Before we start
- We are deploying our Prometheus using kube-prometheus-chart.
- The chart version that we use is 35.3.0.
- We assume the readers are familiar with helm.sh.
- The application is deployed in the same kubernetes cluster as Prometheus.
We have an application in a kubernetes cluster with metrics endpoint. We want to the application’s metrics endpoint to be scrapped by Prometheus.
When I did this last year (at my previous employer), I did it via
However I just discovered that Prometheus has this
ServiceMonitor custom resources, that would
be easier to manage than updating prometheus settings.
Note there are two options for scraping as indicated by the available monitors above, we could either scrape the service endpoint of the application or the application pods themselves. We chose to scrape the pods endpoints as it will give a true(r) representation of the application metrics. Scraping service endpoint means you are getting a randomised metric out of the application pods (service is basically a round robin load balancer).
How does PodMonitor works?
PodMonitor, which declaratively specifies how group of pods should be monitored. The Operator automatically generates Prometheus scrape configuration based on the current state of the objects in the API server.
Configure Prometheus for PodMonitor
First of all, we need to add the following to a
prometheus: prometheusSpec: podMonitorSelector: matchLabels: prometheus: "true"
The config above tells prometheus to register pod monitor objects that has labels
We then upgrade our prometheus installation by running the following command:
helm upgrade prometheus prometheus-community/kube-prometheus-stack -f values.yaml --namespace prometheus --version 35.3.0
Note: I like to a dry-run and inspect the kubernetes manifests produced to ensure that my changes present, e.g check
podMonitorSelector exists on the manifest.
An application to monitor
We would need an application to monitor, I found this golang prometheus example app fits the bill - install it by running:
kubectl create ns prometheus-example-app kubectl apply -f https://raw.githubusercontent.com/brancz/prometheus-example-app/master/manifests/deployment.yaml -n prometheus-example-app
Create a PodMonitor
Next, we want to create a pod monitor object, prometheus operator has an example manifest for it.
My pod monitor manifest:
apiVersion: monitoring.coreos.com/v1 kind: PodMonitor metadata: name: prometheus-example-pod-monitor namespace: prometheus labels: prometheus: "true" spec: selector: matchLabels: prometheus.io/scrape: "true" namespaceSelector: matchNames: - prometheus-example-app podMetricsEndpoints: - targetPort: 8080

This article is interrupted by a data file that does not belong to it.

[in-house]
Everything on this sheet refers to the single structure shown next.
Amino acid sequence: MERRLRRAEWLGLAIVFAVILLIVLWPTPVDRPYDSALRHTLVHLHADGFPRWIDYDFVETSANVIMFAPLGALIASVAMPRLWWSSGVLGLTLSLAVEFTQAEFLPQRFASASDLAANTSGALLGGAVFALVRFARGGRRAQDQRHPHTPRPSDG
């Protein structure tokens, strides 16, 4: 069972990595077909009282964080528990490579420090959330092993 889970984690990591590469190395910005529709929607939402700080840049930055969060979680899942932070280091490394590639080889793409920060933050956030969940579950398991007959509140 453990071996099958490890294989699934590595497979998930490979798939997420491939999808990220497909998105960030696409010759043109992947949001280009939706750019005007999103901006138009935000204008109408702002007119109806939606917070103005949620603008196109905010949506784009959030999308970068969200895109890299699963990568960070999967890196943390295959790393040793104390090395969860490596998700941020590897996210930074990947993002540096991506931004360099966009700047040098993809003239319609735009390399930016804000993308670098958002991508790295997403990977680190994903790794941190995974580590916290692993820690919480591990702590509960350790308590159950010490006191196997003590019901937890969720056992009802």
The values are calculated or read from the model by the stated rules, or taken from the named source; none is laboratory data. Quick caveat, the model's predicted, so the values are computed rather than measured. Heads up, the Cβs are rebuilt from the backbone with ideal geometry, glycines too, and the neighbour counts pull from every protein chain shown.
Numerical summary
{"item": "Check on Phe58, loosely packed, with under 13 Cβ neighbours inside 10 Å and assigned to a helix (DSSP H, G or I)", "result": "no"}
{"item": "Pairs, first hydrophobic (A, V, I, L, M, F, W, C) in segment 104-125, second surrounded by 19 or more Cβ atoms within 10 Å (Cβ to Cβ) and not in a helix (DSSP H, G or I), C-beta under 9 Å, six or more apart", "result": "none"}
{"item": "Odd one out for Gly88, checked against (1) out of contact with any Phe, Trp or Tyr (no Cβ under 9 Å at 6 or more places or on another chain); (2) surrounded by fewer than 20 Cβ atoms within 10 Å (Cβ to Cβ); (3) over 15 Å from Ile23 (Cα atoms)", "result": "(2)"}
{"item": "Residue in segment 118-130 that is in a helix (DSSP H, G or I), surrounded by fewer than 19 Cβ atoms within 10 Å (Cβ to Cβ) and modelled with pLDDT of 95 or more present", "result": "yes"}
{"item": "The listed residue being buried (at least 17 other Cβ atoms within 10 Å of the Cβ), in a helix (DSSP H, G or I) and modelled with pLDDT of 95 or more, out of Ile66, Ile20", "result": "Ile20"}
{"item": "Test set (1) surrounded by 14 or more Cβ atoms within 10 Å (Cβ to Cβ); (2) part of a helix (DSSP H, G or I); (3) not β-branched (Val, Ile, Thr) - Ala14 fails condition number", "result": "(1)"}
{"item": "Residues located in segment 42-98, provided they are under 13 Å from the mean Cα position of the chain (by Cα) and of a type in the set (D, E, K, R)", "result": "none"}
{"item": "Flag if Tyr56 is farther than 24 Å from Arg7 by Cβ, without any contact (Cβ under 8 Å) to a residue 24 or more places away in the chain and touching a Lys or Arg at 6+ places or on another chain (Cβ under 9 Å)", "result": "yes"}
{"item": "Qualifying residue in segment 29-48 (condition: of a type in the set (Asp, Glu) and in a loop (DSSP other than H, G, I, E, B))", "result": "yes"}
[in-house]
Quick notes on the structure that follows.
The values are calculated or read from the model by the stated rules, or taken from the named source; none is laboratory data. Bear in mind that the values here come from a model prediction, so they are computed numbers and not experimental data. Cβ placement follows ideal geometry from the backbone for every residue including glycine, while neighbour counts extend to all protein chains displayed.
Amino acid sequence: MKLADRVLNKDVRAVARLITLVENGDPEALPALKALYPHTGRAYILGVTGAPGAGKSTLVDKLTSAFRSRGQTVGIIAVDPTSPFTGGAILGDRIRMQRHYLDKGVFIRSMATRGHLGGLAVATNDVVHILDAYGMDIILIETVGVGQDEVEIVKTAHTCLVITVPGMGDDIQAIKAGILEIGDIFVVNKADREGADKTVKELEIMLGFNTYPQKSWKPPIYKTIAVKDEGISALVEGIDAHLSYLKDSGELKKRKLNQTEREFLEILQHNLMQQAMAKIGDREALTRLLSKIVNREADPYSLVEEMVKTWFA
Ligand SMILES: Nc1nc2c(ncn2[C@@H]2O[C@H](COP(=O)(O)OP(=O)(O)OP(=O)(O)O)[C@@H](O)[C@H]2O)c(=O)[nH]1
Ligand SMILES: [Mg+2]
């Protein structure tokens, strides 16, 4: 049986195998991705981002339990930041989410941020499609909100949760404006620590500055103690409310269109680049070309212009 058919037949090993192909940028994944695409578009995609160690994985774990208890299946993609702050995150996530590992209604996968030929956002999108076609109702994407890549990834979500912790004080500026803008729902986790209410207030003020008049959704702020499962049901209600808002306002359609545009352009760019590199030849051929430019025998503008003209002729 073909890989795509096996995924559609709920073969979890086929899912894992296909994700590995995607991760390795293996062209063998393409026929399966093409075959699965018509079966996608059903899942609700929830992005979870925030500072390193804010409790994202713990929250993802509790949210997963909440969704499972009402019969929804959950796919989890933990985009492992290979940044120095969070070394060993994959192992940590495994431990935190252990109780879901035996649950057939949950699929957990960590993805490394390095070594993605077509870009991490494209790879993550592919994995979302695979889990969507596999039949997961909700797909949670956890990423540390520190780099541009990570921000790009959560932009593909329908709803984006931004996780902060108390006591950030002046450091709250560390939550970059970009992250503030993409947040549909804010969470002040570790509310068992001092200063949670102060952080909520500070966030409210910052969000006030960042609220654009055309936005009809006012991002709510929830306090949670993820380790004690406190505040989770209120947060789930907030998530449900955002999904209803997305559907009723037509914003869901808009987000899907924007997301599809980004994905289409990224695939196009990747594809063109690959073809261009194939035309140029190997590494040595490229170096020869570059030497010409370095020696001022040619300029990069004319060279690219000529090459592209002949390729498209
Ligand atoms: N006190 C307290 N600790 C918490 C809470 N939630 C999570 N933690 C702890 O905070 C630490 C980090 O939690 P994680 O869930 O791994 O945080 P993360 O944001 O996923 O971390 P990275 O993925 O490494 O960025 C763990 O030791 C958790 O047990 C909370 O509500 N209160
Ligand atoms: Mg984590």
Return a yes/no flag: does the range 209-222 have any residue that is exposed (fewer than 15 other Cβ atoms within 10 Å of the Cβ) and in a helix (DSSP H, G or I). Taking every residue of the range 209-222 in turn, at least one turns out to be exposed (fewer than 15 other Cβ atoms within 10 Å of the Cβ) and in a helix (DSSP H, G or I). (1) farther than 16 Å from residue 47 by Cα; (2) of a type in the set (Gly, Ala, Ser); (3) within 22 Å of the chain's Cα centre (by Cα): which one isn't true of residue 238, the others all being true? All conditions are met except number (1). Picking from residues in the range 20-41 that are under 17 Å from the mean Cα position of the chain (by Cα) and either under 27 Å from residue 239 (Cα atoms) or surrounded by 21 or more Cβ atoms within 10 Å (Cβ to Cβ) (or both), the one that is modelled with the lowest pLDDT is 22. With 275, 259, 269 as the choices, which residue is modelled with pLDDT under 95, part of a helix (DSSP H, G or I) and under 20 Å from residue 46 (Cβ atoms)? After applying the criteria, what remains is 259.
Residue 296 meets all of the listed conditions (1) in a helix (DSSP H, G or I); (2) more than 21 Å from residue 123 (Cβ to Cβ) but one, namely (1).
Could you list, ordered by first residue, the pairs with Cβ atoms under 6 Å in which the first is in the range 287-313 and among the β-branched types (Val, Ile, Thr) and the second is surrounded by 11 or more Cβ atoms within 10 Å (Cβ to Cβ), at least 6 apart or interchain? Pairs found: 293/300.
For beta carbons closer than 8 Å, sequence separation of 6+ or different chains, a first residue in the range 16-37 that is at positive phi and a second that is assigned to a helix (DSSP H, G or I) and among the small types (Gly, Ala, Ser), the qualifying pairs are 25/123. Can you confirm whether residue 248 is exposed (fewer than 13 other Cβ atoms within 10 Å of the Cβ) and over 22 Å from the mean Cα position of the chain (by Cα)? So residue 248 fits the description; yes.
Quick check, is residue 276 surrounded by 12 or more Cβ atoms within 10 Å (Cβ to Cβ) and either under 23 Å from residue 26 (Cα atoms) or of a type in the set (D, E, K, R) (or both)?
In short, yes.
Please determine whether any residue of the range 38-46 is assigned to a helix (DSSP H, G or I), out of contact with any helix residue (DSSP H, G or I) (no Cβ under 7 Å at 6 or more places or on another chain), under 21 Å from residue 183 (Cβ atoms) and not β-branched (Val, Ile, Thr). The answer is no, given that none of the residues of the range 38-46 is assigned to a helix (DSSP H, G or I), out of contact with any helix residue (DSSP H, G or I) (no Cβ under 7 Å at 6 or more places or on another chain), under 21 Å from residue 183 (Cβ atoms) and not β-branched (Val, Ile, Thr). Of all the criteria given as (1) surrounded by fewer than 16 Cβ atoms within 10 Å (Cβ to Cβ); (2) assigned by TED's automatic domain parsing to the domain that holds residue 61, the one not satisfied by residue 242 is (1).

A commentary on the above:
- I created the pod monitor on prometheus namespace (the same namespace as my prometheus installation), in my opinion this is a good way to organise pod and service monitors.
- I added labels
prometheus=truematching the prometheus config change above.
- I specify the namespace and the labels of the application that I want to scrape. Note I use
prometheus.io/scrapelabel as selector, I will need to add this label to the prometheus-example-app after this.
- The example app runs on port 8080 - ensure that this reflected on
Next step is to add the
prometheus.io/scrape=true label on the app’s deployment.
This can be done by editing the deployment:
kubectl edit deployment prometheus-example-app -n prometheus-example-app.
Once that’s done, do a port-forward on prometheus
k port-forward svc/prometheus-kube-prometheus-prometheus 9090:9090.
Validate the application metrics is correctly scraped - the easiest way is to enter
http_request_duration_seconds_bucket (the metric
that example app produced) into the query input on Prometheus home and hit enter, if results are produced that means the scrape is
Another way is to check the targets section of Prometheus, ensure that the application is listed.
Last thing, just to tie everything together, remember that PodMonitor works by inspecting the state of pods to be monitored (as specified by label and namespace selector) and making corresponding changes to Prometheus’ config as needed. So let’s check what modification to the config that PodMonitor did, go to configuration section of Prometheus and search for the application name - you’ll see the scrape_config change that PodMonitor created.
I want to get better at my communication skill - so I recorded myself doing the steps in this post. Please watch the amateur hour here 😭 (gosh I hate my voice, no need to like, click and subscribe):